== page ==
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On Sunday I was scheduled to fly on three of the very first Southwest revenue flights utilizing the airline’s brand new 737 MAX 8. Unfortunately only one of the flights took place, as a technical issue prevented the plane from departing Houston Hobby (HOU) on its second flight. But before the aircraft (N8707P) cut our journey short (along with its own), WN1 from Dallas Love Field (DAL) to Houston Hobby went off without a hitch, and passengers got an idea just how comfortable the hard product is.
I arrived at the gate for WN1 around 5:15am and, to my surprise, there were already a good number of people sitting at the gate area. You could tell they weren’t on this flight by chance, with many people sporting Boeing or 737 MAX 8 shirts and hats.
At the gate was also a photo booth, complete with a green screen.
Southwest employees encouraged passengers to get their photo taken with the 737 MAX. Options for a backdrop included the cockpit, the fuselage or the engine. All photos could either be printed or emailed, and each was captioned “To the MAX.” Both passengers and Southwest employees lined up for their pictures up until boarding time.
Employees also set up a booth with some Southwest-branded trinkets — luggage tags, sunglasses, a pen and headphones. A gate agent informed passengers that the trinkets weren’t a free-for-all, but instead prizes for giveaways. However, the giveaways never happened and people ended up taking whatever they wanted.
Boarding was set to begin at 6:30am, and there was much excitement around the gate area as the time approached.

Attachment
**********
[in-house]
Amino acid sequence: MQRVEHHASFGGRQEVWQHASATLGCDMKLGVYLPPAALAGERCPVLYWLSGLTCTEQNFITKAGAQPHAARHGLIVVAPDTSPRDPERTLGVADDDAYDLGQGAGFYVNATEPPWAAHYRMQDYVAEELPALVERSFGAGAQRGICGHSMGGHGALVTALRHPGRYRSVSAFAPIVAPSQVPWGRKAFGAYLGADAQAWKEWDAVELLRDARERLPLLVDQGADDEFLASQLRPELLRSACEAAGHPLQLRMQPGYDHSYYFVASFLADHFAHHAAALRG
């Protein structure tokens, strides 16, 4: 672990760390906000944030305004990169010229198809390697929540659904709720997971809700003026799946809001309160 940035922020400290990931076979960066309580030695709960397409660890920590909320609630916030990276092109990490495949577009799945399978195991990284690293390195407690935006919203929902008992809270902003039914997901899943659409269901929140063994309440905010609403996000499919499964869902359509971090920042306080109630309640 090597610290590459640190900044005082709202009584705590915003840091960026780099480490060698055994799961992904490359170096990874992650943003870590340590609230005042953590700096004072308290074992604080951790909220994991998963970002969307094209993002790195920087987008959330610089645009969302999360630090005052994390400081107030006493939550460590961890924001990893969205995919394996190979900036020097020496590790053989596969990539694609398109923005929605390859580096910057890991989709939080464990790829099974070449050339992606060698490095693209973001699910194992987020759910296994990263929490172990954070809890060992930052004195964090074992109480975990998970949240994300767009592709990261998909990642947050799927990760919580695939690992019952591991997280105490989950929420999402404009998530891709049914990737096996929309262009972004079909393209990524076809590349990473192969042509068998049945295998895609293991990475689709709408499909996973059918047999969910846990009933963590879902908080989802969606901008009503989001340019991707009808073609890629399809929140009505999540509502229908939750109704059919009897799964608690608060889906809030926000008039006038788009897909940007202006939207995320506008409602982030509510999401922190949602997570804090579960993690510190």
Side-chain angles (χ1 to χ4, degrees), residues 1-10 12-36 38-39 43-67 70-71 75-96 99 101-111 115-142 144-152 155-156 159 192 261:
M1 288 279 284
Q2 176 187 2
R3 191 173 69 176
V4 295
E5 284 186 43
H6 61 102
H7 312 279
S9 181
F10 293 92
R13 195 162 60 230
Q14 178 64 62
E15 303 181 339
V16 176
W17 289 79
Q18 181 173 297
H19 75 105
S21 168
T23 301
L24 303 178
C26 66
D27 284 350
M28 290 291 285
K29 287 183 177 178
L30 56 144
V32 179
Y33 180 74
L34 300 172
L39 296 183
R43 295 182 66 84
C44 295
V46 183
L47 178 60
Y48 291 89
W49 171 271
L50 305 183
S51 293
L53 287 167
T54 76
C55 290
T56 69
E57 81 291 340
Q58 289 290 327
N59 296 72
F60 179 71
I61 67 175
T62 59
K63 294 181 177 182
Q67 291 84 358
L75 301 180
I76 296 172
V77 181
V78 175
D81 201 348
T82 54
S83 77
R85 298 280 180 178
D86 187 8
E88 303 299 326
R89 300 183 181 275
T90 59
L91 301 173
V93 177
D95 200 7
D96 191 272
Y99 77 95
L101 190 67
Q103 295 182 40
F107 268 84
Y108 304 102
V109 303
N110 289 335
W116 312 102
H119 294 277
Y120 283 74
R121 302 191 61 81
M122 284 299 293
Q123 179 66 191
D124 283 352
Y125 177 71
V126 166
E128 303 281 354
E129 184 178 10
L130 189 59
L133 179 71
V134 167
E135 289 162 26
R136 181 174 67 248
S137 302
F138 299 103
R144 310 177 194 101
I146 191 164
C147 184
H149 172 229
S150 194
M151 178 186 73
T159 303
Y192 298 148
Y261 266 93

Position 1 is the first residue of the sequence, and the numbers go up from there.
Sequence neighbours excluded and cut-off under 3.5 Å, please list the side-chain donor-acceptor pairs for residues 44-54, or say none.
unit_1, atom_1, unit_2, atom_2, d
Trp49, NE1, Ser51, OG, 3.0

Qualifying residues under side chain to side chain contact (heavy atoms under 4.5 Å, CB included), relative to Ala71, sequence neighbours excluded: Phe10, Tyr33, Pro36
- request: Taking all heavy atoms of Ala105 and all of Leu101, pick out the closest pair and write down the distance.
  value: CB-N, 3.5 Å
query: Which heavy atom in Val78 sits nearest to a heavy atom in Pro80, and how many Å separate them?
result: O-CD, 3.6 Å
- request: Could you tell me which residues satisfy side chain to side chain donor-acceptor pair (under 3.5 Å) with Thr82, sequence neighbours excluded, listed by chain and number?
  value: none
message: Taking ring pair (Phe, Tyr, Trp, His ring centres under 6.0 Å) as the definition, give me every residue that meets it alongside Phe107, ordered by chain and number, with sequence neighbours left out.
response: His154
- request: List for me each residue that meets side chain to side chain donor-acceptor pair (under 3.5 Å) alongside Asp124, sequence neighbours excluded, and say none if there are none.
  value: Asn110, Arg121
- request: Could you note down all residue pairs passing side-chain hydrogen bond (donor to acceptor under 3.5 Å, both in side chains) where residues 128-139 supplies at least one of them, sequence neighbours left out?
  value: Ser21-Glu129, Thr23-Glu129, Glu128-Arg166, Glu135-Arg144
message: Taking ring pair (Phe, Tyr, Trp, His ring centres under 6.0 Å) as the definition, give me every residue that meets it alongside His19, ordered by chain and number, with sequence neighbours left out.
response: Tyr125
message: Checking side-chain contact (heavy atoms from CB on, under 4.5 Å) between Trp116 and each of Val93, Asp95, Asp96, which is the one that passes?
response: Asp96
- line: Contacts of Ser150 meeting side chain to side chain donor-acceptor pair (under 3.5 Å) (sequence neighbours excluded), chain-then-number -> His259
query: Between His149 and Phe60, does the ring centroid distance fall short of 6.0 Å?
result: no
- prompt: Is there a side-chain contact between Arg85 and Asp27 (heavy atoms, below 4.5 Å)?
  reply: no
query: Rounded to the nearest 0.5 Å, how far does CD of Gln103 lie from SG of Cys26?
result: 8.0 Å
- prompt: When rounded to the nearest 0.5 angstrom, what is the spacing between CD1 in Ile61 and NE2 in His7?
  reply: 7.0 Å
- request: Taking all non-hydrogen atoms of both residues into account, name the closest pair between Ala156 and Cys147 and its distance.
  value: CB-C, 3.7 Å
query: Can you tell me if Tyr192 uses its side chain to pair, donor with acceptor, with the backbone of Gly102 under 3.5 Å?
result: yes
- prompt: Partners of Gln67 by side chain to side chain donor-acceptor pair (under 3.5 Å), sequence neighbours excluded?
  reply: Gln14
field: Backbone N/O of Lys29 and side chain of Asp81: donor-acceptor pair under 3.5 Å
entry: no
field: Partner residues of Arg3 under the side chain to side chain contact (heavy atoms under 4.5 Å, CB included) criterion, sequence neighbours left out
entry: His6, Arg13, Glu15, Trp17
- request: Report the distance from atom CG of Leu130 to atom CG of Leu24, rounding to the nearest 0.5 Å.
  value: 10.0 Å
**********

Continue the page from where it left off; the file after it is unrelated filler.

There was word that Southwest CEO Gary Kelly would be on the flight, and just about 5 minutes before boarding was set to begin, Kelly made his way to the desk. Kelly welcomed and thanked everyone for being on board the inaugural flight. He gave some facts about the MAX and what it meant for the company — especially how the fuel efficiency of the MAX could take Southwest to new destinations. Of course, someone mentioned Hawaii, a long-awaited announcement from the carrier.
There was certainly plenty of excitement from both the passengers and employees. However, while there was certainly a buzz in the air, there was a feeling there could have been more celebration. I talked to one gentleman who asked where the Champagne was. That being said, the above-and-beyond friendly nature of the gate agents, AvGeeks and employees was enough to keep up the level of excitement — even at 6:30am.
Whereas I normally use my phone to board, this process turned out to be a bit different. A Southwest employee came up to me and gave me a paper boarding pass to remember the flight by. It had “737 MAX 8 inaugural flight” written in the bottom left corner.
Gary Kelly stood at the forward of the cabin and personally greeted every passenger as they entered the plane — a handshake, the opportunity to take a selfie and discuss the new aircraft.
That hospitality from Kelly didn’t end at all during the flight. Kelly made his presence known, welcoming everyone on board when we reached a cruising altitude. He’s a very likable figure, having full conversations with passengers and posing for countless pictures. Kelly took a seat in row 22 — an aisle seat.
Just before takeoff, flight attendants randomly drew two winners who walked away with 25,000 Rapid Rewards points each. Then, while we were in the air, Kelly made his way to the front of the cabin and gave away an Apple Watch.
The flight itself was noticeably different and more pleasant than on the 737 MAX 8’s predecessors. Specifically, I noticed how quiet the ride was — it’s much more enjoyable than on other aircraft.
Like the new 737-800s, this aircraft features 175 seats in a 3-3 configuration. Each of the seats has a spacious 32 inches of pitch and a generous 17.6 inches of width.
I’ll go into more detail on the flight experience and cabin itself in a separate post, but overall, it was a great experience, and will be much more comfortable for new routes as Southwest (hopefully) expands to longer-haul routes. *cough, Hawaii, cough*
Stay tuned for a full review of the experience, as well as a post that goes more into the hard product itself.
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